Tracey Gordon Defeats Longtime Incumbent Ron Donatucci for Register of Wills

Gordon, who has previously run for City Council, state representative, and city commissioner, ousted a politically well-connected opponent who has served in the position since 1980.

Tracey Gordon

After nearly 40 years, the office of the Register of Wills will have a new leader. On Tuesday night, community advocate Tracey Gordon made history as the first black woman nominated to the position.

At 11:30 p.m., with 97 percent of precincts reporting, Gordon had garnered 44 percent of the vote, while her challenger, long-serving incumbent Ron Donatucci, was at 40 percent. Donatucci was first elected to the office in 1979.

Gordon will not face a Republican opponent in November — none ran in the primary — and while she could still draw an independent challenger, her eventual general election victory looks like a safe bet.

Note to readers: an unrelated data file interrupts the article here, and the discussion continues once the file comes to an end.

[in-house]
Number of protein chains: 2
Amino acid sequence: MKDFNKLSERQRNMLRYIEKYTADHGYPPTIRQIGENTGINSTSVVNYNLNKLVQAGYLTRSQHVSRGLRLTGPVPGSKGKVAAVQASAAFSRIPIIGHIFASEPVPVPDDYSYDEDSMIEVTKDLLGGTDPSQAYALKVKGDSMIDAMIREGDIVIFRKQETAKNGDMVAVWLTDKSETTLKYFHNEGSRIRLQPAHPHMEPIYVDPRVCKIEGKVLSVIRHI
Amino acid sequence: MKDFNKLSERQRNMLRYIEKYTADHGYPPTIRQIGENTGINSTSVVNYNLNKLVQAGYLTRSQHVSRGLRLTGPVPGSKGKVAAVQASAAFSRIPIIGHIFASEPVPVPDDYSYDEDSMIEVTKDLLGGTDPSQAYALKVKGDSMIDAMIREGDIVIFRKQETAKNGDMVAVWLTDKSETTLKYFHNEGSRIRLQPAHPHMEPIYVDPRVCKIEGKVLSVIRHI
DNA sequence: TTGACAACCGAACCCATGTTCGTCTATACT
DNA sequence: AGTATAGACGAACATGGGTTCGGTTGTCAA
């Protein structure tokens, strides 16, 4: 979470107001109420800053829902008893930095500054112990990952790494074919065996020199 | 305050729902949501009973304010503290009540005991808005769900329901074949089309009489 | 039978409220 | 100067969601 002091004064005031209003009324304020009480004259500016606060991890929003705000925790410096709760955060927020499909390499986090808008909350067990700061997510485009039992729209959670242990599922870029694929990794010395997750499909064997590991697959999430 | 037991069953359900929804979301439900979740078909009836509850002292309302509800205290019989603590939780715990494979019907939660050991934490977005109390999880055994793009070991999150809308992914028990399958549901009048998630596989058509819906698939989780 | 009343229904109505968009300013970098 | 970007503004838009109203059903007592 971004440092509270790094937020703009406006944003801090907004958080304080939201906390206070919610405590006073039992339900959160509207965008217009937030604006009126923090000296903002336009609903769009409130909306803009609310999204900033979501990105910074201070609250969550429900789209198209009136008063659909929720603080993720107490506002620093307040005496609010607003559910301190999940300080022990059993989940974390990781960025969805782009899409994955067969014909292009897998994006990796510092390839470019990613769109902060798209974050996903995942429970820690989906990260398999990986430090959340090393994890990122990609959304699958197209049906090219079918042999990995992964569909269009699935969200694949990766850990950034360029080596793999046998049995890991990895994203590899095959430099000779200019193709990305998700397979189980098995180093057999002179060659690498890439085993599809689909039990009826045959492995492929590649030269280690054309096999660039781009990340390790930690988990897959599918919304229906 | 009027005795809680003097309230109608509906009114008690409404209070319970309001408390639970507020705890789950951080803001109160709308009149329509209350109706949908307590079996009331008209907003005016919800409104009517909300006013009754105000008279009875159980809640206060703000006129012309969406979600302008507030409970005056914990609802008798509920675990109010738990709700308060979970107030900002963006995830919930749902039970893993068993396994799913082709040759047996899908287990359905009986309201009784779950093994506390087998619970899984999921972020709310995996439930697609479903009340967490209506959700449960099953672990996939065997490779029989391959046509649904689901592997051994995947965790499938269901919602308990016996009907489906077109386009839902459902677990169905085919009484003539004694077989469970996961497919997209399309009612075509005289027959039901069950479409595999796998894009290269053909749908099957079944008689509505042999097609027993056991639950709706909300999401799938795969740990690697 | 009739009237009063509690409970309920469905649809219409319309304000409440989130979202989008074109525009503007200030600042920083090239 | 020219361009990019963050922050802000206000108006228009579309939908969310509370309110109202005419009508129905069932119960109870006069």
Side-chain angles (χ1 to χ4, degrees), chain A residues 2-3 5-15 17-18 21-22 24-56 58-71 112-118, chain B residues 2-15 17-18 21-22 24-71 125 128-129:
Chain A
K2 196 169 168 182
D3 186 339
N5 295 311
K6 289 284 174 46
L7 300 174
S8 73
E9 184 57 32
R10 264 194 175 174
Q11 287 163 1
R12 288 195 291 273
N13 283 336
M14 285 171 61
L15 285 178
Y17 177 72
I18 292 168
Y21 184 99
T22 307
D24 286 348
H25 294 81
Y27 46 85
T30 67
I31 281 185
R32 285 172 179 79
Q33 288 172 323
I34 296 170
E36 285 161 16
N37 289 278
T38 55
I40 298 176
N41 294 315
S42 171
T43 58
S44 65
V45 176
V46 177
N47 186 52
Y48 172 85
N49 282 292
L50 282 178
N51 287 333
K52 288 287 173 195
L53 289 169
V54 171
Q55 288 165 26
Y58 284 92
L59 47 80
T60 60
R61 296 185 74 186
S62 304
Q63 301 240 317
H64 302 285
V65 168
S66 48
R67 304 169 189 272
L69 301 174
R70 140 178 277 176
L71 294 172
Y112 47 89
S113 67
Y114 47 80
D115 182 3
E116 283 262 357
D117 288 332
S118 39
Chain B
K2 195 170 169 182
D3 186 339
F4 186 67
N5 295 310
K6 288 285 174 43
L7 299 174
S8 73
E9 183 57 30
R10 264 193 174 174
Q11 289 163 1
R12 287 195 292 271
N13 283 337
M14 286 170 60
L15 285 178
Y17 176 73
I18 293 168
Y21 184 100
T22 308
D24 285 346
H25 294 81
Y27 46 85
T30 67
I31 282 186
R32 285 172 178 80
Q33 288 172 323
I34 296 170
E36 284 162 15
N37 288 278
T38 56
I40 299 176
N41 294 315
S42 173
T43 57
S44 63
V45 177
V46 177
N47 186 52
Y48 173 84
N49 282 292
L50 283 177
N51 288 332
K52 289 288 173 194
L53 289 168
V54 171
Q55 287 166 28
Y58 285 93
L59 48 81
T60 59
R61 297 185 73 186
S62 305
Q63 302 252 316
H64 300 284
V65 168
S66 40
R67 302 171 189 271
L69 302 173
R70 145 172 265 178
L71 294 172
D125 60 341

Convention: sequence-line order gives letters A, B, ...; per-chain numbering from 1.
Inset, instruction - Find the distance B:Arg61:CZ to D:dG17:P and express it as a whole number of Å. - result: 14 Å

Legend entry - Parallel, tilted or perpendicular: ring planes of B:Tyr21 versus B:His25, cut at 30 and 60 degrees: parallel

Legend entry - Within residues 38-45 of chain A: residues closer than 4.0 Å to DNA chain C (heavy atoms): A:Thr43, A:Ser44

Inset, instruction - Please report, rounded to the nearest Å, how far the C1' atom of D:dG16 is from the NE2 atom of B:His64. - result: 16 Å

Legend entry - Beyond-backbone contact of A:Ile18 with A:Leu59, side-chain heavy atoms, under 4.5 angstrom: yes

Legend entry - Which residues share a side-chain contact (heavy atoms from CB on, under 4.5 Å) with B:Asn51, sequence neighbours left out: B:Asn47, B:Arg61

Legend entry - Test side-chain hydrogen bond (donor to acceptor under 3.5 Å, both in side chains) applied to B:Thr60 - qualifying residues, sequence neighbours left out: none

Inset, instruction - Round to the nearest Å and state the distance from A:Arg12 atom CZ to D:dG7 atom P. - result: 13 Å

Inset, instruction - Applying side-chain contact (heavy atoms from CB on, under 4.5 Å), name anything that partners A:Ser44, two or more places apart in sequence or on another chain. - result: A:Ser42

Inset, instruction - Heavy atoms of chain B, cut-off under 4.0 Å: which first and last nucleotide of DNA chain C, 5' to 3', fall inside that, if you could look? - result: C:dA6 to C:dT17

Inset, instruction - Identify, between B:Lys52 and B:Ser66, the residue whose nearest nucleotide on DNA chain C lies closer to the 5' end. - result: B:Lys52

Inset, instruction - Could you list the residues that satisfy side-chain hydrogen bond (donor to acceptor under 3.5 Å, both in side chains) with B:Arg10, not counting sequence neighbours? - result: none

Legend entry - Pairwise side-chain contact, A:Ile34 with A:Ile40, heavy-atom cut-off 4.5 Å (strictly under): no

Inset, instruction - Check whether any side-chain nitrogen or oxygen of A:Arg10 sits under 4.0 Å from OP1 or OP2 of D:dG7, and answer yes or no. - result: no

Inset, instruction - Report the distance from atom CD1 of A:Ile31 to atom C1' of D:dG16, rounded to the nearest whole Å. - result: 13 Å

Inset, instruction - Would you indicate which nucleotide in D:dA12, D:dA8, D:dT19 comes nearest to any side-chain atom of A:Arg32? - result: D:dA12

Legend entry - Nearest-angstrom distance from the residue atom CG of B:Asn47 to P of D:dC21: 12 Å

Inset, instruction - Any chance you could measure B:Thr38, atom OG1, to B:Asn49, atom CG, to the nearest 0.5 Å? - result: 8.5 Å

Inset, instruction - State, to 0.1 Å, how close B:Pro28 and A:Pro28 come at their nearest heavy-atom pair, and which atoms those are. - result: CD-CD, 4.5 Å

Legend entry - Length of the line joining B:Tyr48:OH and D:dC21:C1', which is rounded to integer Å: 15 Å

“The register of wills is responsible for engaging property owners on the importance of probating a will as well as protecting our most vulnerable citizens when they are no longer able to manage their affairs,” Gordon previously told Philadelphia magazine in an interview. “As register of wills, I plan to decrease the alarming amount of ‘tangled titles’ and fraudulent estates in Philadelphia through outreach, because when people know better, they do better.”

As a former candidate for City Council, city commissioner, and state representative, Gordon had been considered a long shot to defeat Donatucci, who has seen his share of criticism in recent years. Gordon’s platform touched on multiple issues, from exploring the legality of waiving the $475 probate filing fee to reforming the assigning process for the court-appointed guardians via the Orphans’ Court.

“Most constituents are unaware that this office exists, and that speaks volumes to the lack of community integration from this office over the past 40 years,” Gordon said in her earlier interview.